It’s Time (again) to Conduct an Independent Contractor Classification Compliance Audit

If your organization uses independent contractors (“IC”), it’s time, once again, to assess whether they are properly classified due to the March 11, 2024 effective date for the Department of Labor’s (“DOL”) “Final Rule on Classifying Workers as Employees or Independent Contractors Under the Fair Labor Standards Act.”   

At a high level, the final rule represents an intentional shift by the DOL to a narrower interpretation of IC status under the “economic reality” test used by courts and government agencies to determine whether a worker is an employee or IC.  In effect, the new rule makes it harder for workers to qualify as ICs

The final rule applies the following six factors in making this analysis:  (1) opportunity for profit or loss depending on managerial skill; (2) investments by the worker and the potential employer; (3) degree of permanence of the work relationship; (4) nature and degree of control; (5) extent to which the work performed is an integral part of the potential employer’s business; and (6) skill and initiative.  This test relies on the totality of the circumstances where no one factor is determinative.  The DOL’s summary of how it interprets each of these factors  can be found here:  DOL FAQs.

States have adopted their own version of this test in analyzing misclassification cases under state law.   

The consequences for misclassifying a worker as an IC can be high in terms of financial penalties and business disruption.  Now is the time to conduct a compliance audit.  Please let me know if I can assist.

Arizona Paid Sick Time Update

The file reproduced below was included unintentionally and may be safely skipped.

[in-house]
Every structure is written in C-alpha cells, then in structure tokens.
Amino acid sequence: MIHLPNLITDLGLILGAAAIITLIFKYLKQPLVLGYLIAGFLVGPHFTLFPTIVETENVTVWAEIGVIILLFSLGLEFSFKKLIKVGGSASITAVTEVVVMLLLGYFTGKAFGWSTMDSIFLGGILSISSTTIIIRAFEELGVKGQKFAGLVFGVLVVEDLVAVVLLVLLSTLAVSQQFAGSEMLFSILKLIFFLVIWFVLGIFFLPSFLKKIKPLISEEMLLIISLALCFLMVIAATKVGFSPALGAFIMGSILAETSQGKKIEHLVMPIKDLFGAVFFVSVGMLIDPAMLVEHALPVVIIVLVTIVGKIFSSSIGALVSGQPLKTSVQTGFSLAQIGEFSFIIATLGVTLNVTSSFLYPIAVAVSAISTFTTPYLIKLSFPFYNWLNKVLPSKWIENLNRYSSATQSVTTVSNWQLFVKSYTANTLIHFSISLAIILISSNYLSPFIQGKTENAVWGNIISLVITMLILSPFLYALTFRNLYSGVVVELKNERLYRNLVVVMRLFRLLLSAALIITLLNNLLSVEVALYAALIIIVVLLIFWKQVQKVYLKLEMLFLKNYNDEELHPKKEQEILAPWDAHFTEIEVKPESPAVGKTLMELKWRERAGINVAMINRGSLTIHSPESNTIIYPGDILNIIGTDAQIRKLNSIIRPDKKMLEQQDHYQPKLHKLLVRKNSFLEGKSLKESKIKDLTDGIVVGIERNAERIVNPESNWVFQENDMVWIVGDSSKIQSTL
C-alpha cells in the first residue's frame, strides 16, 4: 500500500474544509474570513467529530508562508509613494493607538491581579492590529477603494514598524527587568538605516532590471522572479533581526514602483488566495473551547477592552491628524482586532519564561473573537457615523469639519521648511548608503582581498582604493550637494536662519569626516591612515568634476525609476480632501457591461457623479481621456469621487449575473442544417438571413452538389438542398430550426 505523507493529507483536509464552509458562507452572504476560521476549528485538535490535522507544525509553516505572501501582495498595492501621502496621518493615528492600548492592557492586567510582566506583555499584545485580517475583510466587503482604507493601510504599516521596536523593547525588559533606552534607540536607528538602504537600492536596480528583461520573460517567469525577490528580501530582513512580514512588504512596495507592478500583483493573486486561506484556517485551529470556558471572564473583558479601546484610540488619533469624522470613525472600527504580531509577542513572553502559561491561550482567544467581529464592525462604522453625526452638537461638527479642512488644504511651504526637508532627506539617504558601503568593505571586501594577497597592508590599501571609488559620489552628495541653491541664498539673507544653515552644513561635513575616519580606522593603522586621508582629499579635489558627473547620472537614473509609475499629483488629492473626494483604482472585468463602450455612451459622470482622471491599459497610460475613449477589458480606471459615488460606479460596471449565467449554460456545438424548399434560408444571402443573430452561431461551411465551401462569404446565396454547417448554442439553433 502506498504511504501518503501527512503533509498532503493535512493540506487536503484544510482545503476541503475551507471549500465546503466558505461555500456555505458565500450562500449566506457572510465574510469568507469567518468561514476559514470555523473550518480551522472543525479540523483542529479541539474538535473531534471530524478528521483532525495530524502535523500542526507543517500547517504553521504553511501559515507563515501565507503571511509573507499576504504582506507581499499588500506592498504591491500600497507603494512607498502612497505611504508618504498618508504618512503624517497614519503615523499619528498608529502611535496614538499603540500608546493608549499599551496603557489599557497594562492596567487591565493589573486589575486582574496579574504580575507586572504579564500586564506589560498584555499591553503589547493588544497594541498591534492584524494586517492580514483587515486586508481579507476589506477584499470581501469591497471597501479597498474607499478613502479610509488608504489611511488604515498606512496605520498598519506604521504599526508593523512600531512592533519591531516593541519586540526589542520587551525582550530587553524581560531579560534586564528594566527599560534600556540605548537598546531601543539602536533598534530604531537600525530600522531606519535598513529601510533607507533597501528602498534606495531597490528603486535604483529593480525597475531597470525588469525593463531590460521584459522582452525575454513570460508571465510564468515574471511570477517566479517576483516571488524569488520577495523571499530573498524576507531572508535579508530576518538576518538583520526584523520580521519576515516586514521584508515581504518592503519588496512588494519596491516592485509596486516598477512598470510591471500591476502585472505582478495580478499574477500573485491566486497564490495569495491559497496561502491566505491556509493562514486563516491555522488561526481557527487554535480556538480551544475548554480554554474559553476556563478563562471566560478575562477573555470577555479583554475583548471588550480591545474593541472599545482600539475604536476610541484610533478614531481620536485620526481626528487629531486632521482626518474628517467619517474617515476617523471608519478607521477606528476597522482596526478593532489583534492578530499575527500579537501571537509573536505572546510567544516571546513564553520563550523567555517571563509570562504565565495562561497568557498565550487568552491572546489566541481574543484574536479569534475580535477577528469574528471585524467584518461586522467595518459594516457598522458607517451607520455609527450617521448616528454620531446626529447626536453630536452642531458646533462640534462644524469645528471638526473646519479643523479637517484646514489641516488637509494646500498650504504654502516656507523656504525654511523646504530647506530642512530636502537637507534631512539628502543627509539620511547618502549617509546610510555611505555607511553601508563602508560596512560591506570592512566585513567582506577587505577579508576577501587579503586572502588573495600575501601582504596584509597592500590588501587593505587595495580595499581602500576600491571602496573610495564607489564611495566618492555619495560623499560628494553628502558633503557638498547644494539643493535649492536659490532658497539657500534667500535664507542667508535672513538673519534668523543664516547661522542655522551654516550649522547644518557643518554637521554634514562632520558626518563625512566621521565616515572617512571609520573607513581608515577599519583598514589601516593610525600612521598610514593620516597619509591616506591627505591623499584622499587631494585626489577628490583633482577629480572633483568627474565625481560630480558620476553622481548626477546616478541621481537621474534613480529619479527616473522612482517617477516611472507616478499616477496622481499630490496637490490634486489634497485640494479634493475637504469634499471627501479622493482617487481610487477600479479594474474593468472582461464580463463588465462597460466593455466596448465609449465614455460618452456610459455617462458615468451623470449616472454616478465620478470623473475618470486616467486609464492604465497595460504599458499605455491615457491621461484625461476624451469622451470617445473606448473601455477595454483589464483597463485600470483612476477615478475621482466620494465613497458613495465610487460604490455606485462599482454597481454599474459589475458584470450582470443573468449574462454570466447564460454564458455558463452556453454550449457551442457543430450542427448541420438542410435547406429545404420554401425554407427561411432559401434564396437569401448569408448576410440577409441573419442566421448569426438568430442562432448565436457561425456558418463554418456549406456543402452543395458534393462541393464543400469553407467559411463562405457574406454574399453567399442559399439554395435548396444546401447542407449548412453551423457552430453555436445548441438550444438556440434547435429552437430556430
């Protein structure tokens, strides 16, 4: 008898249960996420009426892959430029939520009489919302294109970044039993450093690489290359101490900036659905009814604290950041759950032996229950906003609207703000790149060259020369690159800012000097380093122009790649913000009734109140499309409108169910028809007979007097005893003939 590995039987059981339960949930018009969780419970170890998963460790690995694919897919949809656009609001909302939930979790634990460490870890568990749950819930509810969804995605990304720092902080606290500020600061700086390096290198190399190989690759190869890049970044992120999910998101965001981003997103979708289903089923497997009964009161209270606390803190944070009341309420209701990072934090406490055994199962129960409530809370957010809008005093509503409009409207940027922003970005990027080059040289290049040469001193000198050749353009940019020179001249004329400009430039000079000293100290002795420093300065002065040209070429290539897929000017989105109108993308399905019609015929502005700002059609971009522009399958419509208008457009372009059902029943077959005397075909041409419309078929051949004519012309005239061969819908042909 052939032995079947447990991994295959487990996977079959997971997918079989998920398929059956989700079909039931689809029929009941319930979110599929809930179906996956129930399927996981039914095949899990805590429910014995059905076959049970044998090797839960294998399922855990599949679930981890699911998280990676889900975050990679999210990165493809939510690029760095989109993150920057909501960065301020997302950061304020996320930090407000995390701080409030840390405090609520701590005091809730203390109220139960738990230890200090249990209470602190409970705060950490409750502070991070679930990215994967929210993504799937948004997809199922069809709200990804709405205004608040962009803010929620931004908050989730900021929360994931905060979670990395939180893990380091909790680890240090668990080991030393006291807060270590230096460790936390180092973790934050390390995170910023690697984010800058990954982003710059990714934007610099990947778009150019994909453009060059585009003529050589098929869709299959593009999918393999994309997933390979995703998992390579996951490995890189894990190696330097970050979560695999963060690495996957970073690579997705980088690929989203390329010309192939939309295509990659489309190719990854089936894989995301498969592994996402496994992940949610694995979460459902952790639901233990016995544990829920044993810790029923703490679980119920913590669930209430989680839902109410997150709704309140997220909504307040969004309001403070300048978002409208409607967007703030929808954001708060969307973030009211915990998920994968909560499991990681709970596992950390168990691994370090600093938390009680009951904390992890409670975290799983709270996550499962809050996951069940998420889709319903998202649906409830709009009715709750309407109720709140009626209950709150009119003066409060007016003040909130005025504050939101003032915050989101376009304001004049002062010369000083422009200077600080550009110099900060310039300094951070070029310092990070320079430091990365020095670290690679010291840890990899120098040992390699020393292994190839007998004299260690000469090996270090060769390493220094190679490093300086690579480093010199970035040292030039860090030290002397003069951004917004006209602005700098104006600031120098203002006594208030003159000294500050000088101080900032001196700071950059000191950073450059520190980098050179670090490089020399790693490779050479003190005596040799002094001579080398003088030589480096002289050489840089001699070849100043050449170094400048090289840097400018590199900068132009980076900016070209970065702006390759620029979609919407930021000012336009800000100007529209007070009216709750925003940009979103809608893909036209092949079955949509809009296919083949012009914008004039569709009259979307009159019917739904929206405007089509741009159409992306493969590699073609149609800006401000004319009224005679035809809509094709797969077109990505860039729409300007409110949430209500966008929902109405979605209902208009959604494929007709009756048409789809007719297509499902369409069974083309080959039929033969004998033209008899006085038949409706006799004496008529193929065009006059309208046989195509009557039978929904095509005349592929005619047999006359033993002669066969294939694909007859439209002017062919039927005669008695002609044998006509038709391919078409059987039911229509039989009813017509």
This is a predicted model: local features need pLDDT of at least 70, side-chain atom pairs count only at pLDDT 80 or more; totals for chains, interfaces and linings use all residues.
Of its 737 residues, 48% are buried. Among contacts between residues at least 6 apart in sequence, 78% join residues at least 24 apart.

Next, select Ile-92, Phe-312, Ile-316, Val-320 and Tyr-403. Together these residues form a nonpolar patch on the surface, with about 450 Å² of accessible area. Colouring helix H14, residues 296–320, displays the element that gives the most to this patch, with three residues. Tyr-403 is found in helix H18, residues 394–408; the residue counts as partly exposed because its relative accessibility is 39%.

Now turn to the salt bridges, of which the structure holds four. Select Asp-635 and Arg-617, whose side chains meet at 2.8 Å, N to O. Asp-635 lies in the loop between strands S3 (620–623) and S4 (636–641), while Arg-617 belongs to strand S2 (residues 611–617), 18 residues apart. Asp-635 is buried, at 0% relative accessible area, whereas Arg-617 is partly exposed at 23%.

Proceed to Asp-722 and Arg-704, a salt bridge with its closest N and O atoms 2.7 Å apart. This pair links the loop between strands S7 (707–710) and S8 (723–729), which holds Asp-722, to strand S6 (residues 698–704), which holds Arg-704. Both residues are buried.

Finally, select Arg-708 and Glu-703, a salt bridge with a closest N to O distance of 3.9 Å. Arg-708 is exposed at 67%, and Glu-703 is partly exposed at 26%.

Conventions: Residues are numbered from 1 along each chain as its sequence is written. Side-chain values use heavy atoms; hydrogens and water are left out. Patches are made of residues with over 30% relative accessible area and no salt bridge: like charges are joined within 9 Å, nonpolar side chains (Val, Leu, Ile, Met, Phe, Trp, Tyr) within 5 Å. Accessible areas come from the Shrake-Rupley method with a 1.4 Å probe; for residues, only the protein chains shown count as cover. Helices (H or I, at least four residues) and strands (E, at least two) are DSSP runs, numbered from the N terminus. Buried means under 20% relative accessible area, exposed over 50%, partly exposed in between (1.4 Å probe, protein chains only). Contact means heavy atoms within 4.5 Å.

In Nov. 2016, Arizona voters passed by proposition the “Fair Wages and Healthy Families Act” (the “Act”), which not only increased the state’s minimum wage (currently $14.35/hr.), but also created new requirements regarding paid sick time (“PST”) in Arizona. The Act became effective July 1, 2017.

In many respects, the PST portion of the Act is not a model of clarity.  In an effort to clarify some of the ambiguities, the AZ Industrial Commission has issued regulations and FAQs. See FAQs.  

Courts have also weighed in.  Recently, the AZ Court of Appeals issued a ruling, Papias v. Parker Fasteners (attached), that provides guidance that your organization would be well-advised to heed.  Specifically:  

  • The employer in Papias offered more PST than the Act requires. The Court clarified that when an employer provides more sick time hours than required by the Act, it is still obligated to comply with the rights outlined in the Act on the use of sick time.  Takeaway:  Consider limiting PST to the legally required maximum; if you offer more, the Act’s requirements and rights apply to the additional sick time hours.  
  • The amount of sick time available, taken year-to-date (“YTD”), and sick pay received must be recorded in, or an attachment to, the employee’s regular paycheck.  The Court clarified that an employee’s “regular paycheck” includes physical or electronic paychecks or paystubs and/or an online portal hosted by a payroll processing vendor that posts the required PST data.  Discrepancies between a vendor’s online portal and the employer’s records mean the employer did not meet its notification obligation. In this case, there were discrepancies due to confusion over whether the time was accrued or awarded as a lump sum and whether it was earned on an anniversary or calendar basis.  There was also a dispute whether the employee had access to the PST data on the vendor’s payroll portal.  Takeaway:  Make sure PST data published by the employer or its payroll vendor is regularly audited, and that the calculations are consistent with the employer’s PST policy; also, verify employees have access to the required PST data if posted on a payroll portal.
  • If the employer does not specify in writing the “acceptable means” for an employee to report PST usage, then any informal means the employee uses to communicate an illness, including text messages, is sufficient.  Takeaway:  Your policy should specify to whom when, and the means by which employees should report PST usage.      

I’m happy to assist your organization draft and/or review your PST policy (or PTO policy that encompasses PST) for compliance with the Act.

The EEOC Publishes an Updated “Know Your Rights” Poster

The EEOC recently released a new “Know Your Rights” poster (dated October 20, 2022), which replaces the previous “EEO is the Law” poster. The new poster must be posted by all covered employers.  This EEOC Fact Sheet provides answers to frequently asked questions about the new “Know Your Rights” poster.